A barrel of West Texas Intermediate (WTI) crude oil for March delivery fell to below $52 on the NYMEX Exchange Tuesday morning. Following four consecutive weeks of relatively large additions to U.S. commercial crude oil stocks, analysts at S&P Global Platts are forecasting a jump of 2.5 million barrels for the week ending February 3.
The price drop comes despite what should be good news for crude producers: OPEC members have stuck to their agreed-up cuts far better than at any other time in recent memory. The cartel had lopped off more than 90% of its projected cuts in the month of January, led by Saudi Arabia, which produced less than 10 million barrels a day.
Supply and demand are not the only factors affecting crude prices. The dollar continues gaining strength against euro, and oil prices, denominated in dollars, typically move in the opposite direction of the greenback.
The euro has been hit by rising yields on Greek bonds and Germany’s industrial production fell 3% month over month in December to close the year down 0.7%.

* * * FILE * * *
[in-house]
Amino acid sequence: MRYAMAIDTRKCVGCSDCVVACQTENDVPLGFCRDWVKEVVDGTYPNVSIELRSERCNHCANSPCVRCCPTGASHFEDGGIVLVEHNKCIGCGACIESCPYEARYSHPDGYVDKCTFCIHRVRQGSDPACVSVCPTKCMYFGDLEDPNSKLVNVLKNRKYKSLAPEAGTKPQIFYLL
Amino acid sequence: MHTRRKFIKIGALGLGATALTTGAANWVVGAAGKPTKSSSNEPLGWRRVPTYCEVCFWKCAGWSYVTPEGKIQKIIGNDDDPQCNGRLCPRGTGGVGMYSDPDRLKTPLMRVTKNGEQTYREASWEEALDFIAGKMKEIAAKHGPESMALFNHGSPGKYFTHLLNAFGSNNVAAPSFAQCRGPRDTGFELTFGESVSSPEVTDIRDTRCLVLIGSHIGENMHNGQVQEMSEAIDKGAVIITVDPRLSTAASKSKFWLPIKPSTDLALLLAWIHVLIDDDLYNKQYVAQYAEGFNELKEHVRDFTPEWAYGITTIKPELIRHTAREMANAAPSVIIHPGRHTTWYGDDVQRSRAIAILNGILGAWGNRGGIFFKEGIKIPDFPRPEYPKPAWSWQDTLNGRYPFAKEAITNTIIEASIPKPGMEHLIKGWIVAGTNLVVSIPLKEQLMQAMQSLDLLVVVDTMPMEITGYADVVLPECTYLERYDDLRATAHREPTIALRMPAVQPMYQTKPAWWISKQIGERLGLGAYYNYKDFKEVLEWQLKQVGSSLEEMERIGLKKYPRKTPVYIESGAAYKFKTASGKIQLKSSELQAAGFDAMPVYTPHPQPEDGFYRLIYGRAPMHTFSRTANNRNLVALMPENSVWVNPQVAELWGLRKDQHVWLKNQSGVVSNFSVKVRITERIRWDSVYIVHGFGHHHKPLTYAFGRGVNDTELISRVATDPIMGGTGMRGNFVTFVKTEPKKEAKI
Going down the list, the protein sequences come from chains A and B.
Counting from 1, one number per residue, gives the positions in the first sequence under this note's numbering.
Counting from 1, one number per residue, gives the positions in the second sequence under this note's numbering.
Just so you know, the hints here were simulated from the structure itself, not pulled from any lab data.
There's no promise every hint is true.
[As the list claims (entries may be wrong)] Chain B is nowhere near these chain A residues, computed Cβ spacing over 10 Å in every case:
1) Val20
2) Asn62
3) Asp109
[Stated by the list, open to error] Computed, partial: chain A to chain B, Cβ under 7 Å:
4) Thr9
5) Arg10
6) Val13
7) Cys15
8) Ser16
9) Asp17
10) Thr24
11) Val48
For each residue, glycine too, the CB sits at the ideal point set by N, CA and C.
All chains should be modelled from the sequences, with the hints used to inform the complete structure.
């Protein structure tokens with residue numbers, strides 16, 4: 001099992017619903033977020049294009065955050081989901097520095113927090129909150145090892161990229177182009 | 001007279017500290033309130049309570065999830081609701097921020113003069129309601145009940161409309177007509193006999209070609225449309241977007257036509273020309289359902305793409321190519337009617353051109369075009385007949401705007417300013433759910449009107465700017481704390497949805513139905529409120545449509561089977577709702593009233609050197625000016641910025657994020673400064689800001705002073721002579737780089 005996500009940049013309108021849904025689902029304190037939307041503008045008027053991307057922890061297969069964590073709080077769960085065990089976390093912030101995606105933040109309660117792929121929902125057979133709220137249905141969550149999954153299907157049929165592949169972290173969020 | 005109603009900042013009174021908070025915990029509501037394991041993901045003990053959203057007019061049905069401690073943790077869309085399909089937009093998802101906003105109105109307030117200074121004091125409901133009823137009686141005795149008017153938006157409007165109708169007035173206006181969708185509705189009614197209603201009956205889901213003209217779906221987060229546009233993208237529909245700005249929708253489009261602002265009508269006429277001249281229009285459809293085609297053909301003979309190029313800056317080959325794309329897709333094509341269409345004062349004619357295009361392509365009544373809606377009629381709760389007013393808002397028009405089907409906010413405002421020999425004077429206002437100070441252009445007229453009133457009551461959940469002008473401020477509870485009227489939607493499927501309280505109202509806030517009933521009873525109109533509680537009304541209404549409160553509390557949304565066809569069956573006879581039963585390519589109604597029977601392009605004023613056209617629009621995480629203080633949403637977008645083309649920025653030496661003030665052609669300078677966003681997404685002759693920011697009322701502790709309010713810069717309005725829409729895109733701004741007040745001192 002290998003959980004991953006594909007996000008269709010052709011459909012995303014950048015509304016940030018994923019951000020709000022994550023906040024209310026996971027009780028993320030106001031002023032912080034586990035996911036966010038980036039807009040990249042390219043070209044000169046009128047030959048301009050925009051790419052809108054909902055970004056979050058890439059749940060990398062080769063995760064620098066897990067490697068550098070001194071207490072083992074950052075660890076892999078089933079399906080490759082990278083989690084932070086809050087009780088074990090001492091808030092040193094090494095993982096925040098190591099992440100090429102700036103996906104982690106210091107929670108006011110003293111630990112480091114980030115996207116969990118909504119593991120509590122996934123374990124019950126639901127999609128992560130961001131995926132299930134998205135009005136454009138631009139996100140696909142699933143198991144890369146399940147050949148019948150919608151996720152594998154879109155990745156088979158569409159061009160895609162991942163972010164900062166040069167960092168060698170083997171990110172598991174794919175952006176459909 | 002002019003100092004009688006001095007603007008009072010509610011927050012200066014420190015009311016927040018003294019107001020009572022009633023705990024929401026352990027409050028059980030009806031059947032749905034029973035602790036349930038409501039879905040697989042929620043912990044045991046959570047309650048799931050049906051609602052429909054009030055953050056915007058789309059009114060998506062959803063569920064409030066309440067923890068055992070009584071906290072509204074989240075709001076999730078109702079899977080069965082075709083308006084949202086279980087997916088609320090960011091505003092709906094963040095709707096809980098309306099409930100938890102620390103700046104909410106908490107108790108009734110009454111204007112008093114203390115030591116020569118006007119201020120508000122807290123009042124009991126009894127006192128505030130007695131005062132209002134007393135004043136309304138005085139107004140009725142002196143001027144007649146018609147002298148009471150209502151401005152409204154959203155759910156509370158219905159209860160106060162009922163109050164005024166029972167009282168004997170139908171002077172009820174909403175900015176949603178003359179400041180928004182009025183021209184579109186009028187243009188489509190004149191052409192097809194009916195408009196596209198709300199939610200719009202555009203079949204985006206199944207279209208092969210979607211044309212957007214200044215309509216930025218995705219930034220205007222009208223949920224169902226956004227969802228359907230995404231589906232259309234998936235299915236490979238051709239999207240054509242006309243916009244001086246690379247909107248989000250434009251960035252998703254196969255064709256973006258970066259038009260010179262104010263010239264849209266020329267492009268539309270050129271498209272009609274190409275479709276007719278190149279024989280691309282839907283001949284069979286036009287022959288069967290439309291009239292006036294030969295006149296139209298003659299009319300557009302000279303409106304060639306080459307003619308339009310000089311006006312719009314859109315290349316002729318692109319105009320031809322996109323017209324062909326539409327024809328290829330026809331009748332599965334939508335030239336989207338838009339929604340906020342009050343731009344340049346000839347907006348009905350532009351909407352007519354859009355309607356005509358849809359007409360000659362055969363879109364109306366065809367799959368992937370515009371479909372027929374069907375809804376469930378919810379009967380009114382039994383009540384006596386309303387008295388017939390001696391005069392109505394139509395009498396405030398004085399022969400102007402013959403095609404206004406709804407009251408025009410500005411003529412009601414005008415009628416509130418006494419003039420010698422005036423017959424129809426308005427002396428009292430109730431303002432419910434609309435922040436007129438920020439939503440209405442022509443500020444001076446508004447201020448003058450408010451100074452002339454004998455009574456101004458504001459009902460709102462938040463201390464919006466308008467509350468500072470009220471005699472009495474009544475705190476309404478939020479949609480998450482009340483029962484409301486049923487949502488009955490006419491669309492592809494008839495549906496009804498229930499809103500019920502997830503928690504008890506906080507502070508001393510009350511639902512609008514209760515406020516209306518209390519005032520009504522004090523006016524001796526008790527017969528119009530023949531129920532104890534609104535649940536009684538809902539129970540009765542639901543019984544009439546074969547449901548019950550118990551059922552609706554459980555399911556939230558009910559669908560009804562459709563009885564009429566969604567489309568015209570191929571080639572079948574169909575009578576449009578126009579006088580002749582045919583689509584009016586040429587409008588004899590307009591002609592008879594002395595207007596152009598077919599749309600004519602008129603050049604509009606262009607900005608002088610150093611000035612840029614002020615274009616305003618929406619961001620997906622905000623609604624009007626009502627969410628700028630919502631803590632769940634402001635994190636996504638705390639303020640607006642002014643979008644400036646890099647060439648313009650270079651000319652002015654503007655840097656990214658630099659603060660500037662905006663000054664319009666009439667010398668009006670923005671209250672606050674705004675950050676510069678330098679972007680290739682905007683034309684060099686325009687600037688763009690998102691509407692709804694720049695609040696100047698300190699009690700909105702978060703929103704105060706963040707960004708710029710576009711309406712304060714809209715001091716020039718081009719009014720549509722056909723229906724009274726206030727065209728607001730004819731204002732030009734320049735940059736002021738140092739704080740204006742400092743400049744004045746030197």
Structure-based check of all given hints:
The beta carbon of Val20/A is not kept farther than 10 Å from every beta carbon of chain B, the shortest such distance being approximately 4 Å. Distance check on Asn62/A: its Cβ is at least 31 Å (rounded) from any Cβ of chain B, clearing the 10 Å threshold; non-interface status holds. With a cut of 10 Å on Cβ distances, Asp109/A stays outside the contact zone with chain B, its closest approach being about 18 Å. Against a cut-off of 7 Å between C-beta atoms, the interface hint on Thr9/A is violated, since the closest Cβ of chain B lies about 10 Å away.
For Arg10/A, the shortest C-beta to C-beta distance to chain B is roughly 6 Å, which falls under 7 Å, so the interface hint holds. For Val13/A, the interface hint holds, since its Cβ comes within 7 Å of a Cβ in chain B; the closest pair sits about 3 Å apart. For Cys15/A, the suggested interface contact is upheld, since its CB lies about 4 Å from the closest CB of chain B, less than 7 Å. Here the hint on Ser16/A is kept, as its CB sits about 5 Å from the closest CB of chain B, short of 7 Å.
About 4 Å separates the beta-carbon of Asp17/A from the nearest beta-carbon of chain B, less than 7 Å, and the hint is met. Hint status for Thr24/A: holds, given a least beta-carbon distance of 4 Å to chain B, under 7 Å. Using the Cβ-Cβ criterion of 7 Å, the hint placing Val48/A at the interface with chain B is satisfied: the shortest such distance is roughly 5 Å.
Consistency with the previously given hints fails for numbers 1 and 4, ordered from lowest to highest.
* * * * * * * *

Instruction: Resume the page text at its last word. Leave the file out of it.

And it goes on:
The other weight on crude prices is the net long position traders have taken in the futures markets. Non-commercial traders (i.e., managed money, including hedge funds) have a net long position of 492.7 million barrels. Including long positions on Brent crude, the net long is 885 million barrels (or 885,000 contracts of 1,000 barrels per contract).
The ratio of long to short contracts for WTI is nearly nine to one, far higher than the two to one ratio in November of last year, just before OPEC announced its production cuts.
Because producers have been willing to hedge future production there have been plenty of willing buyers as the money managers have dumped their short positions. That probably can’t go on forever, so it won’t and then the futures market will have to correct again.